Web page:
While popular musicians like Jah Prayzah are able to earn a decent living from music and pay for their medical bills and funeral cover, the same cannot be said for their band members and employees, who often struggle to make ends meet and more often than not fail to leave something for their families after they pass on.
By Donald Tafadzwa Chidoori
When strategy struck for the Nyemba family all eyes were on the popular “Tsviriyo” hit maker to provide ‘financial support’ and to buy the ‘coffin’ and other funeral costs as the former employer of the late father of three.
Socialites such as Chiyangwa have been known for their flamboyance when it comes, to situations Jah Prayzah found himself in.
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However, Jah Prayzah did not exude such kind of flamboyance and things did not go well for the “Mudhara Vachauya” hitmaker, as he was pelted with stones when he came to grieve with the family at Glen Forest Cemetery, in Harare yesterday.
His crime, it is alleged “failure to buy a coffin and to provide funeral assistance” for the late Chrispen Nyemba who died in a road accident.
While the facts of the matter are still vague media reports and thousands of comments on social media pages about the incident seem to suggest that Jah Prayzah was supposed to provide some form of assistance to the bereaved family.
The question however, is was it the responsibility of Jah Prayzah to buy funeral cover for his former employee, or to provide the grieved with financial assistance. The quick answer is NO. Jah Prayzah cannot micro manage the affairs of his employees it is their duty to ensure that they have funeral coverage and life insurance that will make sure that their families are well taken after when they are gone.
It’s very unfortunate that most artists and other players in the arts industry do not see the importance of insurance and prefer to get handouts when they die or fall ill. Hence the much publicised pauper’s burials and the struggles most artists face when they get to their prime.
The violence that occurred at the burial of Jah Prayzah’s former bodyguard is a sign of the cancer that has engulfed the arts industry. A result of this belief in handouts that artists and other workers in the industry believe they should have.
Artists continue to neglect efforts by players in the industry to get financial education, save and take up insurance cover. In 2011, the National Arts Council of Zimbabwe, partnered with Cell Funeral to create a package that would have provided artists with a low cost funeral policy cover that would have ensured that artists would have a decent burial.
The cover named “cell-ebrity funeral cover,” required artists to pay a once off payment of $50 over five months, and Cell Funeral Assurance would provide funeral services that befitted the status of artists in the society. Cell Med was also prepared to launch a low cost medical aid package for artists. But the low uptake of the product resulted in the product folding and Cell Med abandoning their plans to launch a low cost medical insurance for artists.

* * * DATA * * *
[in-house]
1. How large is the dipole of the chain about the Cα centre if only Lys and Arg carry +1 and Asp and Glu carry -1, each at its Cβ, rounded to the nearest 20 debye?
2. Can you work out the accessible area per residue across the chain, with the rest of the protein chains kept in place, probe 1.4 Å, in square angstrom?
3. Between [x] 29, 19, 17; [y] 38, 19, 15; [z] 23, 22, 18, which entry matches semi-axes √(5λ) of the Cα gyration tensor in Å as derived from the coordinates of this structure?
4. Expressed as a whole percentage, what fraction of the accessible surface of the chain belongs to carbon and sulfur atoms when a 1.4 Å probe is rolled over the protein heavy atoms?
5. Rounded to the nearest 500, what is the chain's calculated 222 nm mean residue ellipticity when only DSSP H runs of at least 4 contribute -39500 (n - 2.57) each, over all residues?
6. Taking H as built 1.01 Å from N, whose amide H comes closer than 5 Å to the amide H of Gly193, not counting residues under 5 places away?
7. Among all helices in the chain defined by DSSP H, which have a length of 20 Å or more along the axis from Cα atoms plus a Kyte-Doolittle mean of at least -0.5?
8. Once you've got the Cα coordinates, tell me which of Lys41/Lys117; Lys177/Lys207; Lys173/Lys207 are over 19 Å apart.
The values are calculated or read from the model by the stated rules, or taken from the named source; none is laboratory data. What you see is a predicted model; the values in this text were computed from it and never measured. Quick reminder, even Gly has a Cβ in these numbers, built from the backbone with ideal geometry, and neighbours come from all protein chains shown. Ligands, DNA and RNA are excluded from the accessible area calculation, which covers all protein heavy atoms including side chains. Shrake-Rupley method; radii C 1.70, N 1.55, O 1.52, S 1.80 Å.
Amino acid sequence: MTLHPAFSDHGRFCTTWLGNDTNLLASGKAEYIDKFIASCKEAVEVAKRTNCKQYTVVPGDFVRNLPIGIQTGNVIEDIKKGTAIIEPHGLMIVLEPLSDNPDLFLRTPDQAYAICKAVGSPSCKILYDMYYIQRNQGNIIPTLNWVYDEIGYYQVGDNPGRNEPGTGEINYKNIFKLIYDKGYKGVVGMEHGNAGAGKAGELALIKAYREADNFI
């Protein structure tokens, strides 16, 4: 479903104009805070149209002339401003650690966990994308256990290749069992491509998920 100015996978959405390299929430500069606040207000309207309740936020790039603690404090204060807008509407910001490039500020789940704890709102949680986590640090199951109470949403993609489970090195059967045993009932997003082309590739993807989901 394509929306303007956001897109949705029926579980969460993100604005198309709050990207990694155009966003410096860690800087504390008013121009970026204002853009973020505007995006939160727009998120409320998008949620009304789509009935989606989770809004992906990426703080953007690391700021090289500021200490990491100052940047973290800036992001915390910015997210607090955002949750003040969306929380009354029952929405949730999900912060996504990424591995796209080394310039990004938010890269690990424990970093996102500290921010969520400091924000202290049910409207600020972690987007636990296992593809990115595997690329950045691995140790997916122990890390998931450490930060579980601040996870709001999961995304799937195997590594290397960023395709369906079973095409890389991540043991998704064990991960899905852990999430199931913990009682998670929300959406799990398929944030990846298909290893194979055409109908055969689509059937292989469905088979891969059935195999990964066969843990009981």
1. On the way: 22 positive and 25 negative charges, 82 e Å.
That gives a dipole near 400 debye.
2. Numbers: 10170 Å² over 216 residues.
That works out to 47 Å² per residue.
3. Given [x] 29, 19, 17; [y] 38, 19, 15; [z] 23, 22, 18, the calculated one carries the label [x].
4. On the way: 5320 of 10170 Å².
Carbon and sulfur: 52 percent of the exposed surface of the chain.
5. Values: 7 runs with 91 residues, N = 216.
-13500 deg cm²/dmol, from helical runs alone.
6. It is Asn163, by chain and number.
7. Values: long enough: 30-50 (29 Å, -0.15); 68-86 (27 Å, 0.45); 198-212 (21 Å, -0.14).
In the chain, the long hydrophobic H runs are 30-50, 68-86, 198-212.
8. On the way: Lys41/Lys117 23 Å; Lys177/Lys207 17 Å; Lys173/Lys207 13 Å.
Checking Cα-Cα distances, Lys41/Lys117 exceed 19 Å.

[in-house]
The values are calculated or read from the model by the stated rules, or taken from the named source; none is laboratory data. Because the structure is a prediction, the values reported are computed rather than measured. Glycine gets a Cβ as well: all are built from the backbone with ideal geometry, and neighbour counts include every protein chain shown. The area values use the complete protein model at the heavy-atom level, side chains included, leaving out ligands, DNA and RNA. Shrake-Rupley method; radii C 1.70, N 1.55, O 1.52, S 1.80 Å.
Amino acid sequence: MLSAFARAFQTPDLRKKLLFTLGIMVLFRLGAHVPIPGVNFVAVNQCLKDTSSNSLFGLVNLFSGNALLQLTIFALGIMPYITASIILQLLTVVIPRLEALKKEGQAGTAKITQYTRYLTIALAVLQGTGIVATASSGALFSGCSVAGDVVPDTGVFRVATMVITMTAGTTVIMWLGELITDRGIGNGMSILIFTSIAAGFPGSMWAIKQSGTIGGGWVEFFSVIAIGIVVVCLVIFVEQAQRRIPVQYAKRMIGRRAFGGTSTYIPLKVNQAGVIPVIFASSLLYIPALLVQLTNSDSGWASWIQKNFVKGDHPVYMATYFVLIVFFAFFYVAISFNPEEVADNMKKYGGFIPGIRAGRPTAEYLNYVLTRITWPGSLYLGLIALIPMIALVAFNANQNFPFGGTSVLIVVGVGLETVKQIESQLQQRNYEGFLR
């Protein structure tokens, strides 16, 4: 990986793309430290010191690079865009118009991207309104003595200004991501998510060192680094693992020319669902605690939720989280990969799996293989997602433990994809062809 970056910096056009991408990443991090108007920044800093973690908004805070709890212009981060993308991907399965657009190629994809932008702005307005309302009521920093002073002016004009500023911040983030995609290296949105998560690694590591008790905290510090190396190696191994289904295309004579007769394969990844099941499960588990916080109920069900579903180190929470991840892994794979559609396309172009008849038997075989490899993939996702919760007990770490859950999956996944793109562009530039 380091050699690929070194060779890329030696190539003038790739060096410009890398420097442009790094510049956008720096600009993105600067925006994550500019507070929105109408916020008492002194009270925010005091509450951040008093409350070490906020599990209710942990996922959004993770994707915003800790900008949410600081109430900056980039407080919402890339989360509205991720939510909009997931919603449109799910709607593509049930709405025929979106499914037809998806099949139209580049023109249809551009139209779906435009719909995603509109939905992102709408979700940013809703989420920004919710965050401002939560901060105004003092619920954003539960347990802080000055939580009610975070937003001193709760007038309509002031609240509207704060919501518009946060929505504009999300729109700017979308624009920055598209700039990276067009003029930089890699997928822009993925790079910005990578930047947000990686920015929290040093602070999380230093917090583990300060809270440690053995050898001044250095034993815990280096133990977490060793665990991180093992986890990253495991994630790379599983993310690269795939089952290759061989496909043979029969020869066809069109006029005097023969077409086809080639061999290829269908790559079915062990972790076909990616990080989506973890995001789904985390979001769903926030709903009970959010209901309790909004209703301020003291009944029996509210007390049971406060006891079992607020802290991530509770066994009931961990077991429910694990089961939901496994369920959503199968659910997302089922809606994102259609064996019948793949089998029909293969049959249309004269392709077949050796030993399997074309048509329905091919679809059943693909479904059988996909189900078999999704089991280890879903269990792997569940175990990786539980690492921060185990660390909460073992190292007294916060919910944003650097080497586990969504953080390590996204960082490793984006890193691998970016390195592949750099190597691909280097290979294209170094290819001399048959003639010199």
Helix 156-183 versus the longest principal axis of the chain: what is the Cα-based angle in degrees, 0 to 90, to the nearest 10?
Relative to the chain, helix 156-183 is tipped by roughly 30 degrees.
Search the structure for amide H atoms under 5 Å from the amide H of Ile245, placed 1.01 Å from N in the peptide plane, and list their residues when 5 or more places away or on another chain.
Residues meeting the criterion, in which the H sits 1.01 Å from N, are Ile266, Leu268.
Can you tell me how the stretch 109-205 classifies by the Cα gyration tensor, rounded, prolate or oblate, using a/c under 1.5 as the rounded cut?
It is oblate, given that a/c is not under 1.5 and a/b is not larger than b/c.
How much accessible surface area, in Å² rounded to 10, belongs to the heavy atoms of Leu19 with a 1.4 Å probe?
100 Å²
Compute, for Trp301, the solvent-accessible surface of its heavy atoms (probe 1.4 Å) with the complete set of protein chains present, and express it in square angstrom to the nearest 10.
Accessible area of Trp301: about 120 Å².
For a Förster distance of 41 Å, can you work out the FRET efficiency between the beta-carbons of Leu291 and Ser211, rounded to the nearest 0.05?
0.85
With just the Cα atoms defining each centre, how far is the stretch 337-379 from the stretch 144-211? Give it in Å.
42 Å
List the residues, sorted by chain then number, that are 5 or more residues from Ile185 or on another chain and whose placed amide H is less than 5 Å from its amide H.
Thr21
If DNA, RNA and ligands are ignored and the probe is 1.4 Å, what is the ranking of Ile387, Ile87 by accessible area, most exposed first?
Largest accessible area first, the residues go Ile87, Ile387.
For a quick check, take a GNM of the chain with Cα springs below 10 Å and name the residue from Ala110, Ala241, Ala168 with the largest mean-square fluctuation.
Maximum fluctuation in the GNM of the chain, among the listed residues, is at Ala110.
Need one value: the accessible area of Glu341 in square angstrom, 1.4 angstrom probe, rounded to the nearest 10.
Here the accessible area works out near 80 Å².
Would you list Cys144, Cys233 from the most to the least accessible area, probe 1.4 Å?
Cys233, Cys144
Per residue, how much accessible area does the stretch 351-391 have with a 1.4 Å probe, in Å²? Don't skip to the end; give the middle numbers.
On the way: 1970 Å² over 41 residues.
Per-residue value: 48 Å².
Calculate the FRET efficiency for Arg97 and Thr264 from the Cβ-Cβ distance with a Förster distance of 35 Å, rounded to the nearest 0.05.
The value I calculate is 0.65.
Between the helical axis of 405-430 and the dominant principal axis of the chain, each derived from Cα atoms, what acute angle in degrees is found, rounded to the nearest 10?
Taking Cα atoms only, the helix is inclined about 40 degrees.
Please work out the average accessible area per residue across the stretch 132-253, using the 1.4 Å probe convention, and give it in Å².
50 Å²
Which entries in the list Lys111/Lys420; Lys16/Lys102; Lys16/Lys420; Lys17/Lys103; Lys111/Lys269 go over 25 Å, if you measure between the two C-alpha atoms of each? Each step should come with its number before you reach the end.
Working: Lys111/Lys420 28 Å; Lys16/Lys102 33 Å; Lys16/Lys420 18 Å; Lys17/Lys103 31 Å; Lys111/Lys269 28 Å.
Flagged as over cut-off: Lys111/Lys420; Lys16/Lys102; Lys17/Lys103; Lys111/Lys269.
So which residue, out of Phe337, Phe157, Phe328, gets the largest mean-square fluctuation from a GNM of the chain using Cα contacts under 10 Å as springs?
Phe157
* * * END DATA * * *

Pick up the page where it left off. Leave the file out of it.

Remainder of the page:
Who in his normal mind would refuse to pay $50 to cover burial costs that can go up to $1500, well it is artists, and other players in the industry and when disaster strikes they put blame on the person who gave them a job opportunity.
Zimura has a funeral package for composers, which comes as part of musicians being members of Zimbabwe Music Rights Association. However, if this package was voluntary very few artists would have taken up the product.
If the arts industry is to respected and if it is to make a meaningful contribution to the economy of this country players in the industry should learn to be professional and take measures to mitigate against the risks they face in their day to day lives.
The music industry by nature is a high risk job. Risks come from travelling, their work, interaction with fans, health risks and getting old. It is no secret that most artists often struggle to make ends meet after they are past their prime. In Zimbabwe the list of such artists is endless.
Insurance cover is critical for artists because their success curve is very small and it would enable to cover them on a rainy day like when they pass on, or when they are involved in career ending accidents. Like when Peter Moyo’s bassist Emmanuel Sajeni sustained a broken spinal cord when Peter Moyo’s band members were involved in a car accident in Kadoma on their way from Gokwe.
Its unfortunate that Jah Prayzah was pelted with stones, but beneath all this drama and controversy is the sad truth that artists and players in the industry need to get protection from the risks they face daily. And Insurance is the solution.
The Next Article will focus on the type of insurance cover artists especially musicians and their employees can get to protect them from different perils.